What can inflation-strugglers learn from inflation-killers?


Could the inflation nightmare soon be over? Across the oecd club of mostly rich countries, consumer-price inflation has fallen from a peak of 10.7% in October 2022 to 6.2%. Wage growth is slowing, too. Investors are hopeful that, before long, more progress will be made, allowing central bankers to cut interest rates.

They may be getting ahead of themselves. Last year The Economist calculated a measure of “inflation entrenchment”. It showed that the disease, symptoms of which first appeared in America, was starting to infect the entire rich world. We have repeated the analysis, focusing on five measures: core inflation, unit labour costs, “inflation dispersion”, inflation expectations and Google-search behaviour. We rank ten countries on each indicator, then combine the rankings to form an “inflation-entrenchment” score.

Overall, the data show that inflation remains entrenched, perhaps more so than in 2022. The country with the worst score last May, Canada, would have only been third-worst this time around. Things are dire in Anglophone countries, including Australia and Britain. Yet there are bright spots. Italy and Spain are doing well. In Japan and South Korea the battle could be nearly over. What can the strugglers learn from the inflation-killers?

Start with the problem countries. In Australia, our worst performer, the labour market is on fire. Over the past year labour costs, measured by how much employers pay workers to produce a unit of output, have risen by a chunky 7.1%—faster than in any other country sampled. Nor does anywhere else have more “inflation dispersion”, which we define as the share of consumer prices across the economy that are rising by more than 2% year on year.

Other Anglophone countries have different problems. A data set from researchers at the Federal Reserve Bank of Cleveland; Morning Consult, a data firm; and Raphael Schoenle of Brandeis University provides a cross-country gauge of what the public expects to happen to prices. Canadians think that consumer prices will rise by 5.7% over the next year, the highest of any country in our sample. Canadians are also googling terms related to inflation most often. Britons, for their part, are suffering from core inflation (ie, excluding food and energy prices) of 6.1%, year on year, the highest of any country. America does not do very badly on any measure. Equally, however, it does not do very well on any.

This stickiness of inflation may reflect the fact that fiscal stimulus across Anglophone countries in 2020-21 was about 40% more generous than in other rich places. It was also more focused on handouts to households, such as stimulus cheques, than on measures to keep businesses alive, which may have further stoked demand. Indeed, a new paper by Robert Barro of Harvard University and Francesco Bianchi of Johns Hopkins University finds evidence for a link between fiscal expansion during the covid-19 pandemic and subsequent inflation.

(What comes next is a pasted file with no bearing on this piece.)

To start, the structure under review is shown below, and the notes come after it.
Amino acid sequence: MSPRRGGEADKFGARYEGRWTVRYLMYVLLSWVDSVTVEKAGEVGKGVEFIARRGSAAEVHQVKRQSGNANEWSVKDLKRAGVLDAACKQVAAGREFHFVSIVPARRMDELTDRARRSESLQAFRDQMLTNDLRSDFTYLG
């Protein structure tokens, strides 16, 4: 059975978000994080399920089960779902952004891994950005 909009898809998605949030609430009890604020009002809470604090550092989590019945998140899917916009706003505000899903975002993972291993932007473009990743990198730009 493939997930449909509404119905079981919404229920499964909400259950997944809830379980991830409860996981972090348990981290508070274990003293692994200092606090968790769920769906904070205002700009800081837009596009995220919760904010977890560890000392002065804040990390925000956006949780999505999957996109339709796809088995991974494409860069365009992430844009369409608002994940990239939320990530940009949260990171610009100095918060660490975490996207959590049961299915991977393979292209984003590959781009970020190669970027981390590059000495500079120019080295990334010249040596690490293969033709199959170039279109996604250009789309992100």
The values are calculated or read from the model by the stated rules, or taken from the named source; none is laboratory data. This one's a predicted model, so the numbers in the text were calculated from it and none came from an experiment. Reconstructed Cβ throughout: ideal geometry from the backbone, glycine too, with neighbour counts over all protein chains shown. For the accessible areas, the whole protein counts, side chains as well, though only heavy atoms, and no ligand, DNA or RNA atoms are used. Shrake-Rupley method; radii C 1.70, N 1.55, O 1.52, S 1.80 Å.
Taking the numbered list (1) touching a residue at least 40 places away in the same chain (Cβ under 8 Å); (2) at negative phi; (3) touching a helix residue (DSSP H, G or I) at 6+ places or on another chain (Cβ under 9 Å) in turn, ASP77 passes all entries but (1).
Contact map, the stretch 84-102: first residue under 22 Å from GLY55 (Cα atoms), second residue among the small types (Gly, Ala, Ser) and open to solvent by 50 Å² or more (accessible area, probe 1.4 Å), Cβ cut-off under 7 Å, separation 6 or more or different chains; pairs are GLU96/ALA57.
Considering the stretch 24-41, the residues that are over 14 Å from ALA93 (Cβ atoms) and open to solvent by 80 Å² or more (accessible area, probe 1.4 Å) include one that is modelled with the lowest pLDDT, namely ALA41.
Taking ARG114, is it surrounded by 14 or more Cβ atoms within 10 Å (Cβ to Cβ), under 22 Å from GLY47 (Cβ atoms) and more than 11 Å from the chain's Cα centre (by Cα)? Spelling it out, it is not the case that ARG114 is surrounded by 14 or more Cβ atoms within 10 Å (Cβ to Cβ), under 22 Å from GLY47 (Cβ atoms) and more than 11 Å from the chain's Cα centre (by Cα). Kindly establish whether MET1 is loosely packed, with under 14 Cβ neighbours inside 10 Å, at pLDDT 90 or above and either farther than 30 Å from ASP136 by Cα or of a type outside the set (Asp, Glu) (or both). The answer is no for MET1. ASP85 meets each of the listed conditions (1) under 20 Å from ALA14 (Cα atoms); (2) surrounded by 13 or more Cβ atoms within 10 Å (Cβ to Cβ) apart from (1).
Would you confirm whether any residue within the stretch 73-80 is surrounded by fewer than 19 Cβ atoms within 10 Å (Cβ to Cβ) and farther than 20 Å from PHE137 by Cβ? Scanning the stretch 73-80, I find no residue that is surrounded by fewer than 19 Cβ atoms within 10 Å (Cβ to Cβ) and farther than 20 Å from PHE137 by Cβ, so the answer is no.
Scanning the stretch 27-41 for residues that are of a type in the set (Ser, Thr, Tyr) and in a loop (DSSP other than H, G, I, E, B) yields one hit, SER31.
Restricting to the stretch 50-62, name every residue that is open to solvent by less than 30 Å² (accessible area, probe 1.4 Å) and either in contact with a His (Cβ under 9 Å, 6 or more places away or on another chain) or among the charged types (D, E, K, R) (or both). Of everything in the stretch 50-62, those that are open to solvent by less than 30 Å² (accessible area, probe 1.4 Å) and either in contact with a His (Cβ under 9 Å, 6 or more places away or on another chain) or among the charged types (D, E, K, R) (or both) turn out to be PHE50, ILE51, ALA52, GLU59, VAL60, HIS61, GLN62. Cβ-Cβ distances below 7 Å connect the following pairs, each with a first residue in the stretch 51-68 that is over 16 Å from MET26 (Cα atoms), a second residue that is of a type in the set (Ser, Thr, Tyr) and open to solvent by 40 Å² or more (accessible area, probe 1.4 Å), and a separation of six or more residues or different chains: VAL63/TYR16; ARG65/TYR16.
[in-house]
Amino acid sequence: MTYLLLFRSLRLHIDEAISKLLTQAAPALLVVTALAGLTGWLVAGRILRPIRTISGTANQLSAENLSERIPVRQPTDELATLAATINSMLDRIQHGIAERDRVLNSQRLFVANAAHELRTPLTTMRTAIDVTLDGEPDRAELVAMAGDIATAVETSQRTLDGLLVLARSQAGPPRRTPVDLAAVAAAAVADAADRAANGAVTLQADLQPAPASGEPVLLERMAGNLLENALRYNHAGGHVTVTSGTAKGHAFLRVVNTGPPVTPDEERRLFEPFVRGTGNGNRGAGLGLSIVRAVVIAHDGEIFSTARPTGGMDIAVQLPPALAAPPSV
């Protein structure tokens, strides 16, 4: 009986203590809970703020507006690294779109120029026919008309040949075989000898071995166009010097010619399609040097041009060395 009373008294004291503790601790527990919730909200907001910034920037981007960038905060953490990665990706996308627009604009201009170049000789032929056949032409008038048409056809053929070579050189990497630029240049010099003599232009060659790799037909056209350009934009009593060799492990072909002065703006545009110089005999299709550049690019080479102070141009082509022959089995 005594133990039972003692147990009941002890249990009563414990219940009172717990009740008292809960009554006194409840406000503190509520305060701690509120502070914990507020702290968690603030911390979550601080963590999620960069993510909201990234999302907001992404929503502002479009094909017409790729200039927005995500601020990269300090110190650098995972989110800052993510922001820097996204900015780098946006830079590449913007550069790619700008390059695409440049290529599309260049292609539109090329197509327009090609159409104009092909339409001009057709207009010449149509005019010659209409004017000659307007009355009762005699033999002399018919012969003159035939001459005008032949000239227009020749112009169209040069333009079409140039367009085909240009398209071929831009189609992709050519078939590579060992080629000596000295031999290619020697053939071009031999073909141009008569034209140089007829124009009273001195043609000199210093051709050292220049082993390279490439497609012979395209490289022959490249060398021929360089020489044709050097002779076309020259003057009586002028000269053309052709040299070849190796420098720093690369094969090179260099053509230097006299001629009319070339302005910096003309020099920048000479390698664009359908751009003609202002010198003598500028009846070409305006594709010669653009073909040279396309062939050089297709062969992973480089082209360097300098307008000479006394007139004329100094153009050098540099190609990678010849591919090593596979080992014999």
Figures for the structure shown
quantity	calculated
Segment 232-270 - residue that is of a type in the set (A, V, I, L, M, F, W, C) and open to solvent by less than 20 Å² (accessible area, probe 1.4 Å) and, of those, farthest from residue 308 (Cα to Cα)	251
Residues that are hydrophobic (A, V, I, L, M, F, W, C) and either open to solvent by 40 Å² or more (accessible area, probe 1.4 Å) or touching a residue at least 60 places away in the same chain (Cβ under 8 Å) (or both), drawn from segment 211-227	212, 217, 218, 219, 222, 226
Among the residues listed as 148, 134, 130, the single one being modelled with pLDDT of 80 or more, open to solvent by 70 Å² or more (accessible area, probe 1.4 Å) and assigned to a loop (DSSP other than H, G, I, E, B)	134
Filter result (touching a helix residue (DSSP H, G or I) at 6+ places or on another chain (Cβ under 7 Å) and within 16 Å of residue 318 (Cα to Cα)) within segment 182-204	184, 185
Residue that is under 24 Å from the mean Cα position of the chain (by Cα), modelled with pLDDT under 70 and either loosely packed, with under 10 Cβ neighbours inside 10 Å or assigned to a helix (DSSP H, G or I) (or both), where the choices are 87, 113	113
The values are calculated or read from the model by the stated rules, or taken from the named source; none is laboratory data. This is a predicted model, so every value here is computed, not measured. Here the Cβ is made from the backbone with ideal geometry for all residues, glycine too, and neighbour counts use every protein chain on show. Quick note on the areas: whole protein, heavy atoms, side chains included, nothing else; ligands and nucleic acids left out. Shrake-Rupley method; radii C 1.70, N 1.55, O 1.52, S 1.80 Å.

Monetary policy is another factor at work. When covid struck, central banks in America, Australia, Britain and Canada reduced interest rates by one percentage point on average, twice as big a cut as in other countries in the rich world. This extra stimulus may have pushed up inflation. In the past year or so English-speaking countries have also received lots of migrants, which in the short term can be inflationary, because new arrivals compete for housing and drive up rents. Estimates by Goldman Sachs, a bank, imply that Australia’s current annualised net-migration rate of 500,000 people is raising inflation by around half a percentage point.

So why are countries elsewhere doing better? Asia’s brief experience with high inflation could soon be over. Japanese people expect prices to rise by just 1.5% over the next year; South Koreans have better things to do online than to search for information about inflation. Recent history could play a role in explaining this performance. Before covid, rich Asian countries had lived with low inflation for so long that it may have seemed like the natural state of affairs. Following the jump in inflation in 2021-22, the behaviour of firms and households may have shifted in a disinflationary direction more quickly. By contrast, in places like Britain, which had experienced inflation surges in 2008, 2011 and 2017, people may have developed a more inflationary mindset.

In Europe inflation expectations have fallen a long way from their peak. The picture is particularly rosy in parts of the continent. Owing to a combination of policy and luck, energy-price rises were not as sharp last year in Italy and Spain as in other countries, which may have prevented people from anticipating further inflation.

France, with a perkier economy, is somewhere between the Anglosphere and Asia. Germany is a different story. Once upon a time, its workers were known for their pay restraint. Now, with an uber-tight jobs market, unit labour costs are rising by more than 7% a year. Price dispersion is also unusually high. In what will be a source of satisfaction in many European capitals, German economists are increasingly looking at southern European countries with envy. ■



This article was originally published by a www.economist.com . Read the Original article here. .